Death of an Ordinary Man Quotes

Rate this book
Clear rating
Death of an Ordinary Man Death of an Ordinary Man by Glen Duncan
805 ratings, 3.39 average rating, 93 reviews
Open Preview
Death of an Ordinary Man Quotes (showing 1-5 of 5)
“She hated the predictability of herself, but knew life probably wouldn't be long enough for her to grow out of it.”
Glen Duncan, Death of an Ordinary Man
“That's the problem with being alive," she says, staring at the floor. "You've got to keep thinking of what to do.”
Glen Duncan, Death of an Ordinary Man
“He had a reservoir of tolerance for pain. Finite, though. Pain would empty it, eventually.”
Glen Duncan, Death of an Ordinary Man
“You have a good cry, lovey, you'll feel better afterwards. You did feel better afterwards, but as if you'd conned yourself, fobbed yourself off.”
Glen Duncan, Death of an Ordinary Man
“Catholicism fascinated him, the contortions it put itself through to make ends meet. Father Murray had kept returning to the word 'despair.' There'd been a little (bizarre, Luke thought) linguistic diversion into Latin. Desperare, formed by the 'de' prefex, signifying the removal of or from, and 'sperare,' meaning to hope. The removal of hope. That was despair. The reasoning being that you couldn't live without hope. What Murray hadn't said (but what, along with the story of the suicide ghost, Luke remembered from childhood) was that despair was classified as a sin against the Holy Spirit. That was the perverse beauty of the religion: that your daughter could be raped and murdered and yourself still condemned for giving up hope.”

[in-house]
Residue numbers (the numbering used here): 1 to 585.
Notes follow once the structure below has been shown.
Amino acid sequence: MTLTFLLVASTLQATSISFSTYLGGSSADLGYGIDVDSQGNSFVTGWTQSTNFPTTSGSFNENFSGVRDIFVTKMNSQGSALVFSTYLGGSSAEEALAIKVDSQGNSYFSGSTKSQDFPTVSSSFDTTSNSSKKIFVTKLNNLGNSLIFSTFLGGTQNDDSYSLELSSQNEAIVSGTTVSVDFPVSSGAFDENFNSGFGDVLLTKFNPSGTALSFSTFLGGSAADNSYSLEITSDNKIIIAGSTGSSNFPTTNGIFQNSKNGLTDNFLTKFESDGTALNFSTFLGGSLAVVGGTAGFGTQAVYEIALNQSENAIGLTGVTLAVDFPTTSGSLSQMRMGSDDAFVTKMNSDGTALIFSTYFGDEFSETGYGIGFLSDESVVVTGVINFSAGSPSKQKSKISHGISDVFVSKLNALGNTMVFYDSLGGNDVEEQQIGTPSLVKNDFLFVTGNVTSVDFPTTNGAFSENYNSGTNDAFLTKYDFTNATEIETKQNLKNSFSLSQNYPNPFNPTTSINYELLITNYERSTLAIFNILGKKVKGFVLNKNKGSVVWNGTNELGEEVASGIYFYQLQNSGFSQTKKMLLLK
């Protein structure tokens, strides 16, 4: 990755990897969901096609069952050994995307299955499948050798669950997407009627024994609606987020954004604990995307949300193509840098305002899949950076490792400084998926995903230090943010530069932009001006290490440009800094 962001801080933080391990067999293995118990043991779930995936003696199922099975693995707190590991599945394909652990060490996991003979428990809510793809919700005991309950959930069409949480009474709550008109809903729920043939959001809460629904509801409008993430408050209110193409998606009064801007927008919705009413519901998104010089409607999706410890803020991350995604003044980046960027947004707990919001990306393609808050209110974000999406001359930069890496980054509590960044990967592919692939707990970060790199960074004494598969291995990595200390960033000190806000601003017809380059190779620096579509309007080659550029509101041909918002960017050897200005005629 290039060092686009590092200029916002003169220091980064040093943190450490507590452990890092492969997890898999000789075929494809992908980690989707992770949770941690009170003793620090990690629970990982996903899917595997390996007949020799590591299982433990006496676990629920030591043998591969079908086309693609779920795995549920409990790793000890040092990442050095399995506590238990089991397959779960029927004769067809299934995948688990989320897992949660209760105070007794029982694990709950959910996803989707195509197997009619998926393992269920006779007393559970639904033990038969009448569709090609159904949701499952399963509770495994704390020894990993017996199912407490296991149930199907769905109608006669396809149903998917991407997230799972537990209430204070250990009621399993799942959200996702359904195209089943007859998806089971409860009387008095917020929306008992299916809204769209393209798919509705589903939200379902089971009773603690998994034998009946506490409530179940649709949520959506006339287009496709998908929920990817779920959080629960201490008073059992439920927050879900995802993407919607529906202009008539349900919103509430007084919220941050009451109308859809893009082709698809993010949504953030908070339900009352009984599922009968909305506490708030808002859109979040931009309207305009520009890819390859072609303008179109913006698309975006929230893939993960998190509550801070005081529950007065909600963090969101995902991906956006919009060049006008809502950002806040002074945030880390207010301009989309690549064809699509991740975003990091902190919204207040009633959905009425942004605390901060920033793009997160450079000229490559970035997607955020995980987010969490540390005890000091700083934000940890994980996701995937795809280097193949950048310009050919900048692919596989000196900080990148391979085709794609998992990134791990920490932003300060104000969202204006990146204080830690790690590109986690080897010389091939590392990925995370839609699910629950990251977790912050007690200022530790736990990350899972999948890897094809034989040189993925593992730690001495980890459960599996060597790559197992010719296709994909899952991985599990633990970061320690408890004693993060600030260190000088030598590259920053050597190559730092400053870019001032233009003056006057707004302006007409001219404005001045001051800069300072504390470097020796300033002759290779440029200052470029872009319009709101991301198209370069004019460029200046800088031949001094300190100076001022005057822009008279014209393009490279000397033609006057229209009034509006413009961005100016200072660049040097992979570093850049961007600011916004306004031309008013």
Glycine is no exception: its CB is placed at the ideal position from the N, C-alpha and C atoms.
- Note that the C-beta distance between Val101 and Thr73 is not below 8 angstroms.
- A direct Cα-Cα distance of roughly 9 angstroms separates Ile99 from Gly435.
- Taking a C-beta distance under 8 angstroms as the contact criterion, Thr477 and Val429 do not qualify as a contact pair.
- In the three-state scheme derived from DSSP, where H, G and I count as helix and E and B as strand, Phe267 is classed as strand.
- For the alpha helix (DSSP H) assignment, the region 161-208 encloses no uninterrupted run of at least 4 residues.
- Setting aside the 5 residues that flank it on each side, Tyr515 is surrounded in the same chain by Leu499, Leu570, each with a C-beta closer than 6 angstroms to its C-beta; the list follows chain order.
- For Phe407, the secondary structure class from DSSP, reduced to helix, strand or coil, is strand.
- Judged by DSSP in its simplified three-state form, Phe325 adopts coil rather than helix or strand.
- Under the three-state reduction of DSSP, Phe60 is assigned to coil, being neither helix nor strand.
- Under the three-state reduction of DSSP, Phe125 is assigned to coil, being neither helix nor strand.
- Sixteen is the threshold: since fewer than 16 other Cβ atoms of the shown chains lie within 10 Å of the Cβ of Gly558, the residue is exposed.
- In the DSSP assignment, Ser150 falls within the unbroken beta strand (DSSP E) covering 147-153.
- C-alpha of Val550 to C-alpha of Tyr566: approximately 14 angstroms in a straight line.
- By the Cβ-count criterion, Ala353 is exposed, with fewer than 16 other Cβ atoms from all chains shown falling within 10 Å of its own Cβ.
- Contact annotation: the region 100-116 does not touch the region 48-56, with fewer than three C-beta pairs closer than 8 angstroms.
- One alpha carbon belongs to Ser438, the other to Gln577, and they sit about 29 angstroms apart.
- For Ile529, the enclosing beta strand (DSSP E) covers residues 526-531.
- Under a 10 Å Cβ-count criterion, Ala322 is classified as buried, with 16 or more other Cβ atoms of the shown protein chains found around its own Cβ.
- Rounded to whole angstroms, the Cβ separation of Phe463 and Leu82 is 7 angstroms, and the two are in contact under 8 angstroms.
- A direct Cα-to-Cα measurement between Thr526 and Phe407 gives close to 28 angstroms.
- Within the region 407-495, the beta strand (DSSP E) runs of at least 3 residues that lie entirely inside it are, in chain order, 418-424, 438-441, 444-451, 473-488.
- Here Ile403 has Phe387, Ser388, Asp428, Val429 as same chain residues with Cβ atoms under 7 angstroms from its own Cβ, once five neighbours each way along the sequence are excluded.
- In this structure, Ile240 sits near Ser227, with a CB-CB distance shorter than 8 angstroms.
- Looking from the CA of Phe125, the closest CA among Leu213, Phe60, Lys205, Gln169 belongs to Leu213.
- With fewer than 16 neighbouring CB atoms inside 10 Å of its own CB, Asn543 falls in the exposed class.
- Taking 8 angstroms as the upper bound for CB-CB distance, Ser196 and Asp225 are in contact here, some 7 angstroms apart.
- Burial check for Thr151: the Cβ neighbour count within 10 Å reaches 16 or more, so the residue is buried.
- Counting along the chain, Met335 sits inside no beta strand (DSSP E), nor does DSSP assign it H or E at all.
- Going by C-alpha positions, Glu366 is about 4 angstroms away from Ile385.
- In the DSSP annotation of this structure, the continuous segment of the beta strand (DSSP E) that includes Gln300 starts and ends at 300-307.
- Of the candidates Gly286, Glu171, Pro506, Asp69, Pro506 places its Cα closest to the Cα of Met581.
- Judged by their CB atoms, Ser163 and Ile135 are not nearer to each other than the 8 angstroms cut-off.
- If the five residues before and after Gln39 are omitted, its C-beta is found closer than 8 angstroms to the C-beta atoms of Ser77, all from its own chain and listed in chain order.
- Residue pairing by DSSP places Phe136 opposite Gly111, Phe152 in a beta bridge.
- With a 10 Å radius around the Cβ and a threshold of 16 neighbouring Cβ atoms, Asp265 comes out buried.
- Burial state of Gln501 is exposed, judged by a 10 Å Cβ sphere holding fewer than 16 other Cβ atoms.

Glen Duncan, Death of an Ordinary Man

All Quotes
Quotes By Glen Duncan
Play The 'Guess That Quote' Game